7 finding aid(s) found containing the word(s) Donovan, William J. (William Joseph), 1883-1959--Correspondence.

  1. Edward Tracy Clark correspondence and reports, 1923-1935

    9,000 items. 22 containers. 8.5 linear feet. -- Manuscript Division, Library of Congress, Washington, D.C.

    Summary:

    Presidential secretary, lawyer, and businessman of Washington, D.C. Correspondence relating primarily to Clark's work as a consultant on legislative, customs, and tariff matters for various business concerns, and letters from his service as secretary to President Calvin Coolidge.

  2. Wallace Rankin Deuel papers, 1905-1971

    6,500 items. 62 containers plus 1 classified and 1 vault container. 20.8 linear feet. -- Manuscript Division, Library of Congress, Washington, D.C.

    Summary:

    Intelligence officer and journalist. Correspondence, journals, writings, lectures, transcripts of radio broadcasts, scrapbooks, and other papers relating to Deuel's career as an intelligence officer during World War II with the Office of Strategic Services, as a journalist with the Chicago Daily News and the St. Louis Post-Dispatch, and as a foreign intelligence analyst with the Central Intelligence Agency.

  3. William Frederick Halsey papers, 1907-1959

    20,000 items. 55 containers plus 2 oversize. 22 linear feet. -- Manuscript Division, Library of Congress, Washington, D.C.

    Summary:

    Naval officer. Correspondence, war diaries, logs, journals, narratives of military campaigns, military orders, books, periodicals, poems, songs, newspaper clippings, and memorabilia relating mostly to Halsey's social and business career after World War II, his personal life and club activities, and the history of American naval involvement in the Pacific Theater during World War II.

  4. Robert Helyer Thayer papers, 1920-1980

    8,700 items. 29 containers plus 1 classified and 1 oversize. 12.6 linear feet. -- Manuscript Division, Library of Congress, Washington, D.C.

    Summary:

    Diplomat, lawyer, and New York public official. Correspondence, memoranda, legal briefs and case files, reports, financial records, scrapbook, printed matter, maps, photographs, and other papers documenting Thayer's legal career, political activities in the Republican Party, service in naval intelligence during World War II, and work for the State Department.

  5. Lessing J. Rosenwald papers, 1819-1979

    28,000 items. 81 containers plus 2 oversize. 32.6 linear feet. -- Manuscript Division, Library of Congress, Washington, D.C.

    Summary:

    Bibliophile, businessman, and philanthropist. Correspondence, subject files, speeches and writings, printed matter, and miscellany relating to Rosenwald's career with Sears, Roebuck & Company; his activities on behalf of various Jewish causes and his opposition to Zionism; his public service work with the National Recovery Administration and the War Production Board; his various charitable, educational, and cultural philanthropies; and his work as a bibliographer and collector of books and prints.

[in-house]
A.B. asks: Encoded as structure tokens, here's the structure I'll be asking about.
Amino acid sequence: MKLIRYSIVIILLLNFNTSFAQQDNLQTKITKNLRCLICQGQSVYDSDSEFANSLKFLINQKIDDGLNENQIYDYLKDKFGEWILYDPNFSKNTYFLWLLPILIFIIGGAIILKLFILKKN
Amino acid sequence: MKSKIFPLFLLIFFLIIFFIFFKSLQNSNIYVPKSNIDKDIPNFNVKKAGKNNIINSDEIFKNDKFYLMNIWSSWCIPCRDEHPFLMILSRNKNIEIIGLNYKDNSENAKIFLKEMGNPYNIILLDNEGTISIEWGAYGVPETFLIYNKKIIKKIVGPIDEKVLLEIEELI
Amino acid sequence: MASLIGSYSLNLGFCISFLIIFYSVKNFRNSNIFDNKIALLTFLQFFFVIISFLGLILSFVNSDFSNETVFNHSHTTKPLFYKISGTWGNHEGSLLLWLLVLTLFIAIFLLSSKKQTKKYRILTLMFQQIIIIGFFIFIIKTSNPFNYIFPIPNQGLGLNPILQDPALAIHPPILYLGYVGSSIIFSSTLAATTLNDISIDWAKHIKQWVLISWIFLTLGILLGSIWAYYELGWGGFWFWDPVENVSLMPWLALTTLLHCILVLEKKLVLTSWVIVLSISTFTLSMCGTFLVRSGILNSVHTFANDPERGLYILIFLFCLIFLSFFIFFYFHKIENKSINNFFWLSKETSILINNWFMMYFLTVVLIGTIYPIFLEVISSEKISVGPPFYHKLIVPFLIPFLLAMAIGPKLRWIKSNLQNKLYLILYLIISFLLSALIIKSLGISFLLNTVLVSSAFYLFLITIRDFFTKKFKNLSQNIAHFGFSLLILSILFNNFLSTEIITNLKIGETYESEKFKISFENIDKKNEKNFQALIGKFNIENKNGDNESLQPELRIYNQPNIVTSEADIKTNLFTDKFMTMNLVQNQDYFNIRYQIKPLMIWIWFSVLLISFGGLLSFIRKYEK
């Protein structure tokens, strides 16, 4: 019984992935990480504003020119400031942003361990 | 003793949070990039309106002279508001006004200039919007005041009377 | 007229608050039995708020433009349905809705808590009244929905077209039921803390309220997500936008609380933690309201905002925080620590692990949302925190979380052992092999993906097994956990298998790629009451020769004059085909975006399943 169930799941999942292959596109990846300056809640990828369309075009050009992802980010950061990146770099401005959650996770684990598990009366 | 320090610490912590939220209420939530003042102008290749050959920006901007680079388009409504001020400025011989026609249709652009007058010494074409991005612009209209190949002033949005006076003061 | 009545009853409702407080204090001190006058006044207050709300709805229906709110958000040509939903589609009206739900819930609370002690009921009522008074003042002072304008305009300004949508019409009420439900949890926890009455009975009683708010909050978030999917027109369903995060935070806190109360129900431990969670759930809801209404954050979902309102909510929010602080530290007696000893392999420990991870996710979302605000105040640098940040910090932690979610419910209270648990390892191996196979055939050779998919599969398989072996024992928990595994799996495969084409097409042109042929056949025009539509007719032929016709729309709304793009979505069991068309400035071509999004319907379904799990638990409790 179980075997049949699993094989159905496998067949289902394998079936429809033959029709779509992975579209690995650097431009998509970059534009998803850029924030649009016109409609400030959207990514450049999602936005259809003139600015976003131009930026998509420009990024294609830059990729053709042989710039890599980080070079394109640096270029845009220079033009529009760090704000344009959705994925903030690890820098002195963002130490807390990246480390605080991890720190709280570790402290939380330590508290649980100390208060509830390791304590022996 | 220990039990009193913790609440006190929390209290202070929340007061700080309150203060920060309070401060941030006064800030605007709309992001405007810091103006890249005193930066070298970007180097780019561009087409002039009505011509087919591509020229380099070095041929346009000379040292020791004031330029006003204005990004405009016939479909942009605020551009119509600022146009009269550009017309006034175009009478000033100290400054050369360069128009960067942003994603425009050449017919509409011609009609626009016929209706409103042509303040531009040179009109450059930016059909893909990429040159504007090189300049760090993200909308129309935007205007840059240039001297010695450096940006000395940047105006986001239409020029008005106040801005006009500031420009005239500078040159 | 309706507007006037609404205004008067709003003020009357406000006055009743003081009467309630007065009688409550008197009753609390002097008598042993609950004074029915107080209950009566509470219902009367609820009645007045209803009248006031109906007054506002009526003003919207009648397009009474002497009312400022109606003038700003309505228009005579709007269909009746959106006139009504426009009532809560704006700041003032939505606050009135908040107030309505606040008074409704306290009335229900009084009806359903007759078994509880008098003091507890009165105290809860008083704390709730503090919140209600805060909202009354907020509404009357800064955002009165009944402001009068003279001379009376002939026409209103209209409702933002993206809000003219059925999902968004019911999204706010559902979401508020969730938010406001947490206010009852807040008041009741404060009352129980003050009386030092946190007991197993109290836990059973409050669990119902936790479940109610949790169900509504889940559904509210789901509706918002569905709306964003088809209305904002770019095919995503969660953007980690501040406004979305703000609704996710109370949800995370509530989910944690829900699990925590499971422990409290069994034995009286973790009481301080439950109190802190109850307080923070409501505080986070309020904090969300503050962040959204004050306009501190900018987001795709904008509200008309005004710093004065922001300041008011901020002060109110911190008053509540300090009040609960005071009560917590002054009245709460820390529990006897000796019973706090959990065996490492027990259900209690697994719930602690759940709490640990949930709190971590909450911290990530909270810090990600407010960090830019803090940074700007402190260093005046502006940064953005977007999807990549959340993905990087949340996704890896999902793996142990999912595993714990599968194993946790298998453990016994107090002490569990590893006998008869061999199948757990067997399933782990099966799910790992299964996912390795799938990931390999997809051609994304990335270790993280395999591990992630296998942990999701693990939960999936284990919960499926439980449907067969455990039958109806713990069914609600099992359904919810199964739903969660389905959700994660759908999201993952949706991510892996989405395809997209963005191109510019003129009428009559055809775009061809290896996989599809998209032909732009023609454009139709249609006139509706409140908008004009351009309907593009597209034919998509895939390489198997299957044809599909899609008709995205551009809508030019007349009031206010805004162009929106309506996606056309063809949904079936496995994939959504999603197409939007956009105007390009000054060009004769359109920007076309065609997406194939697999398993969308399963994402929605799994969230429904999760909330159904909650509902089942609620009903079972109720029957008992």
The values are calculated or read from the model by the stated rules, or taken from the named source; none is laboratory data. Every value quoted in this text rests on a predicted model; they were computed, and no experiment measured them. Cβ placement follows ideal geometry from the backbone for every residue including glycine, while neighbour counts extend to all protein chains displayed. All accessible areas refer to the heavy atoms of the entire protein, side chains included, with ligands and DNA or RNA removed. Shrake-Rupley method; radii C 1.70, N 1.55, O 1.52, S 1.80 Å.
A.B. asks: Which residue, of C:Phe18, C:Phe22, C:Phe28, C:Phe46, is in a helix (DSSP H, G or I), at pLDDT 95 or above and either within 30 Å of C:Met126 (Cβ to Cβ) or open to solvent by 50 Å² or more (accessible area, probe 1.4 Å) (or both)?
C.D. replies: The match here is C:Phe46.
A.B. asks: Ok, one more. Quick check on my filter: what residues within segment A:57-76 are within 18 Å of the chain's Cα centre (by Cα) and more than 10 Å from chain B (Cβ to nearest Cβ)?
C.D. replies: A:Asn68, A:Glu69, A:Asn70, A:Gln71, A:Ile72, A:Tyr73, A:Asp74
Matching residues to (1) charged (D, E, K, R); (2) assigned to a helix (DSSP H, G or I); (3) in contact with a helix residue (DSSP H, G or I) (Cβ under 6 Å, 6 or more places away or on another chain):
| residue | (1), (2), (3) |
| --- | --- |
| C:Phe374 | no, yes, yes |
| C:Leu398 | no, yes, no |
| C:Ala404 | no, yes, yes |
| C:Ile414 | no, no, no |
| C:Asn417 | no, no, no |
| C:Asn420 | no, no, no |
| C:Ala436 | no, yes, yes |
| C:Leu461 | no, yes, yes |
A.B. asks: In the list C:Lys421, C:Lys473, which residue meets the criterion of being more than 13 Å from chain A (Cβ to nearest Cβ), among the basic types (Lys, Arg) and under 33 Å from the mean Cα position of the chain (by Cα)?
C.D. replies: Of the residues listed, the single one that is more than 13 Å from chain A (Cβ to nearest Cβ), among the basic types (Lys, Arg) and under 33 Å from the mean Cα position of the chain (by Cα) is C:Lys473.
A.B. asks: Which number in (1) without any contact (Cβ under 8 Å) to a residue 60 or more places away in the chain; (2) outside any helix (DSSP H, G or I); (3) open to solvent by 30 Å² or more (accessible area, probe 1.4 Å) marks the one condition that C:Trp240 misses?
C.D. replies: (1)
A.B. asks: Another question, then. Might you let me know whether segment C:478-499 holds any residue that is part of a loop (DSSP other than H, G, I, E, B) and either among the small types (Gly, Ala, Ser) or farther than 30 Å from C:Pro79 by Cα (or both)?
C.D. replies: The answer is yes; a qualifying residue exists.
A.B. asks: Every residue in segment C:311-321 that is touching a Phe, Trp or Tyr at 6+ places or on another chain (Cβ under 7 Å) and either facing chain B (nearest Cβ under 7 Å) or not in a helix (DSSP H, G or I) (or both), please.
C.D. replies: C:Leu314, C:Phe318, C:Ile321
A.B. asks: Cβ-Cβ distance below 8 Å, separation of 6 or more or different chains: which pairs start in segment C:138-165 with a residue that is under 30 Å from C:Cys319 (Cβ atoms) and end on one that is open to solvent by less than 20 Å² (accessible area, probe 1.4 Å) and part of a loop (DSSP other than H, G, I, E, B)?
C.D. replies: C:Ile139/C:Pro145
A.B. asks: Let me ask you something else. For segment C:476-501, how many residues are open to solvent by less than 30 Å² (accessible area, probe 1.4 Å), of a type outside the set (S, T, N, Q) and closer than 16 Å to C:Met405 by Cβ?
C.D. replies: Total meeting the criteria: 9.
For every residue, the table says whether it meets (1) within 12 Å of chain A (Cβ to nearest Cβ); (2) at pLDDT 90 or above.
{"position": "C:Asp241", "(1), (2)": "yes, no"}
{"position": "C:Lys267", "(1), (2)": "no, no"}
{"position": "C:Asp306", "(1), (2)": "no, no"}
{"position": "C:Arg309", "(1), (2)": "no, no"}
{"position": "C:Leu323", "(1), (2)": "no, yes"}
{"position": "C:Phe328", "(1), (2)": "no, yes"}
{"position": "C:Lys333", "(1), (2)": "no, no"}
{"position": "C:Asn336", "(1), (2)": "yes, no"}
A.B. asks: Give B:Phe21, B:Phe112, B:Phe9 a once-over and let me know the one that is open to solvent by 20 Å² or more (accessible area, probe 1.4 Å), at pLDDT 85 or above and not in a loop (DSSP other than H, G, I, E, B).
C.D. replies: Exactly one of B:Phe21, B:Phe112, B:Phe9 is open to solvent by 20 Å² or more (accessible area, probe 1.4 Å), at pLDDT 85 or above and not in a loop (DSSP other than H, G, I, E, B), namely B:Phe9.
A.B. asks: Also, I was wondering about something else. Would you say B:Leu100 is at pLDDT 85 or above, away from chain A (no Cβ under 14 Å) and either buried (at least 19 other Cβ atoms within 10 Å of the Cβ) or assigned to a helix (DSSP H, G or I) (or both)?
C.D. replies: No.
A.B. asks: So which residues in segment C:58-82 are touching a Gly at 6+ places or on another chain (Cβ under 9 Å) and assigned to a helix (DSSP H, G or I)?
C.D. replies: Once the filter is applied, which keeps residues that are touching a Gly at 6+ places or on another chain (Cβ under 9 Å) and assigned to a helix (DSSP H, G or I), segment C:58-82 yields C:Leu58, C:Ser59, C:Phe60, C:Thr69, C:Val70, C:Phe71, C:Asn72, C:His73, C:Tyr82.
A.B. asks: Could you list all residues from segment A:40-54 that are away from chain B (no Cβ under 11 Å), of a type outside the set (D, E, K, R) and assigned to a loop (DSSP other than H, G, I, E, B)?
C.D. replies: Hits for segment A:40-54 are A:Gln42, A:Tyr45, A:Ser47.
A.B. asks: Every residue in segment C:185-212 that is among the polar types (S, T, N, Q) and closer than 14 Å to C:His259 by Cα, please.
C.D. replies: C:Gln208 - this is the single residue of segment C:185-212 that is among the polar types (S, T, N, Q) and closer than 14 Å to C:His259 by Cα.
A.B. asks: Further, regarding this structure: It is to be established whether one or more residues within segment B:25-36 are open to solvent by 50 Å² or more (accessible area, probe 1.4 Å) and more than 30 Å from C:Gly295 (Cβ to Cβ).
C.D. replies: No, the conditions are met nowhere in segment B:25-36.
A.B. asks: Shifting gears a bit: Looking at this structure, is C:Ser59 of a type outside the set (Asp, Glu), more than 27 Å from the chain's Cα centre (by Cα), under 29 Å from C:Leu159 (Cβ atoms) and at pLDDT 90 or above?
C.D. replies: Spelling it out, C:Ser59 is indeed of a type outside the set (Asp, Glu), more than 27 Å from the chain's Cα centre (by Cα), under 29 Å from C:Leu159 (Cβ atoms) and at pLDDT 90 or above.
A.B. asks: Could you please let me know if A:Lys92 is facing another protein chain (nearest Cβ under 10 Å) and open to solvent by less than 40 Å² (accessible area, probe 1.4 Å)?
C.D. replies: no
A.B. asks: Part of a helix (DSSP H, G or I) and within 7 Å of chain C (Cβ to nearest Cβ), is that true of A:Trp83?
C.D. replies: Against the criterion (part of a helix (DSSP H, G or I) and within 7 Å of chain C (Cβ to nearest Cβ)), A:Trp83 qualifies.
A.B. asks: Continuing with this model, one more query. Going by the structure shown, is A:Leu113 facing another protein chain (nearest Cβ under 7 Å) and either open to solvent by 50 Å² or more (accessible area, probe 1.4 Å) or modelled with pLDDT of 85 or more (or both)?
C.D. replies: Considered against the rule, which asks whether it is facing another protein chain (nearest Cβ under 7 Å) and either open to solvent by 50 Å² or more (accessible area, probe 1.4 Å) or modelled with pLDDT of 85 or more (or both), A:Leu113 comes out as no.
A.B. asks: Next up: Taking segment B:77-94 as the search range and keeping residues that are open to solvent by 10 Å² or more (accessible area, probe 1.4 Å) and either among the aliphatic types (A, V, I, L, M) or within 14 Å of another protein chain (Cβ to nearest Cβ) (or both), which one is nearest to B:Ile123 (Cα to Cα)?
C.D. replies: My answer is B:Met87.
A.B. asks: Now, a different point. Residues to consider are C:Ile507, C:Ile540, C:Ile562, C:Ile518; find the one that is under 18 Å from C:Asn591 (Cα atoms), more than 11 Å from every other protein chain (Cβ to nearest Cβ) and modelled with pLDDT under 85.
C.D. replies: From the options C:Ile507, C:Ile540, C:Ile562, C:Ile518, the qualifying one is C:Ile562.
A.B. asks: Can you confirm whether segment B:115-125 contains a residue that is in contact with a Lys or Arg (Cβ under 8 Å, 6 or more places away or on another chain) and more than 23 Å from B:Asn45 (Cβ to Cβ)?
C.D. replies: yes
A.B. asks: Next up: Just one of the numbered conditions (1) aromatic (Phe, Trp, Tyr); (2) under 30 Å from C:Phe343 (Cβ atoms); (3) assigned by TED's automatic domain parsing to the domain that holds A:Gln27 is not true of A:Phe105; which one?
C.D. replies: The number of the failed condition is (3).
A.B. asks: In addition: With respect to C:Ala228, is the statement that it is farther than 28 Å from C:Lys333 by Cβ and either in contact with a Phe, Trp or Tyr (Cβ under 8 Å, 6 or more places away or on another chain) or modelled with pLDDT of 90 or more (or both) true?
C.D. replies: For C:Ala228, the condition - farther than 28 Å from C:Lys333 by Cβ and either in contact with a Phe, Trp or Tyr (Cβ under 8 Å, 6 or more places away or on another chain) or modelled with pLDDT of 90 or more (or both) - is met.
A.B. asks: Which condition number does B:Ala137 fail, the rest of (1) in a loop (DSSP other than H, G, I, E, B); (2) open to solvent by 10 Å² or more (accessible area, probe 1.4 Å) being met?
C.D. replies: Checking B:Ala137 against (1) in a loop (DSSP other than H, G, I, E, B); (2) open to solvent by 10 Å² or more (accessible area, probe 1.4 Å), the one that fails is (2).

6. Arthur J. Goldberg papers, 1793-1995

    78,000 items. 296 containers plus 14 oversize and 2 classified. 120.7 linear feet. -- Manuscript Division, Library of Congress, Washington, D.C.

    Summary:

    Associate justice of the United States Supreme Court, lawyer, secretary of labor, and diplomat. Correspondence, case files, certiorari memoranda, legal files, speeches and writings, subject files, reports, printed matter, and scrapbooks relating to Goldberg's career as a lawyer, associate justice of the United States Supreme Court, secretary of labor, and United States representative to the United Nations.

  7. Archibald MacLeish papers, 1907-1981

    20,000 items. 61 containers plus 1 oversize. 25 linear feet. -- Manuscript Division, Library of Congress, Washington, D.C.

    Summary:

    Poet, playwright, government official, and Librarian of Congress. Papers include correspondence reflecting MacLeish's relations with friends, literary colleagues, and government associates; notebooks (1919-1940s) containing drafts of poetry and prose; manuscript drafts of plays, speeches and radio broadcasts, and speeches written for Franklin D. Roosevelt, Edward R. Stettinius, and Harry S. Truman; and notes and manuscripts for classroom lectures on modern poetry given by MacLeish at Harvard University (1949-1962).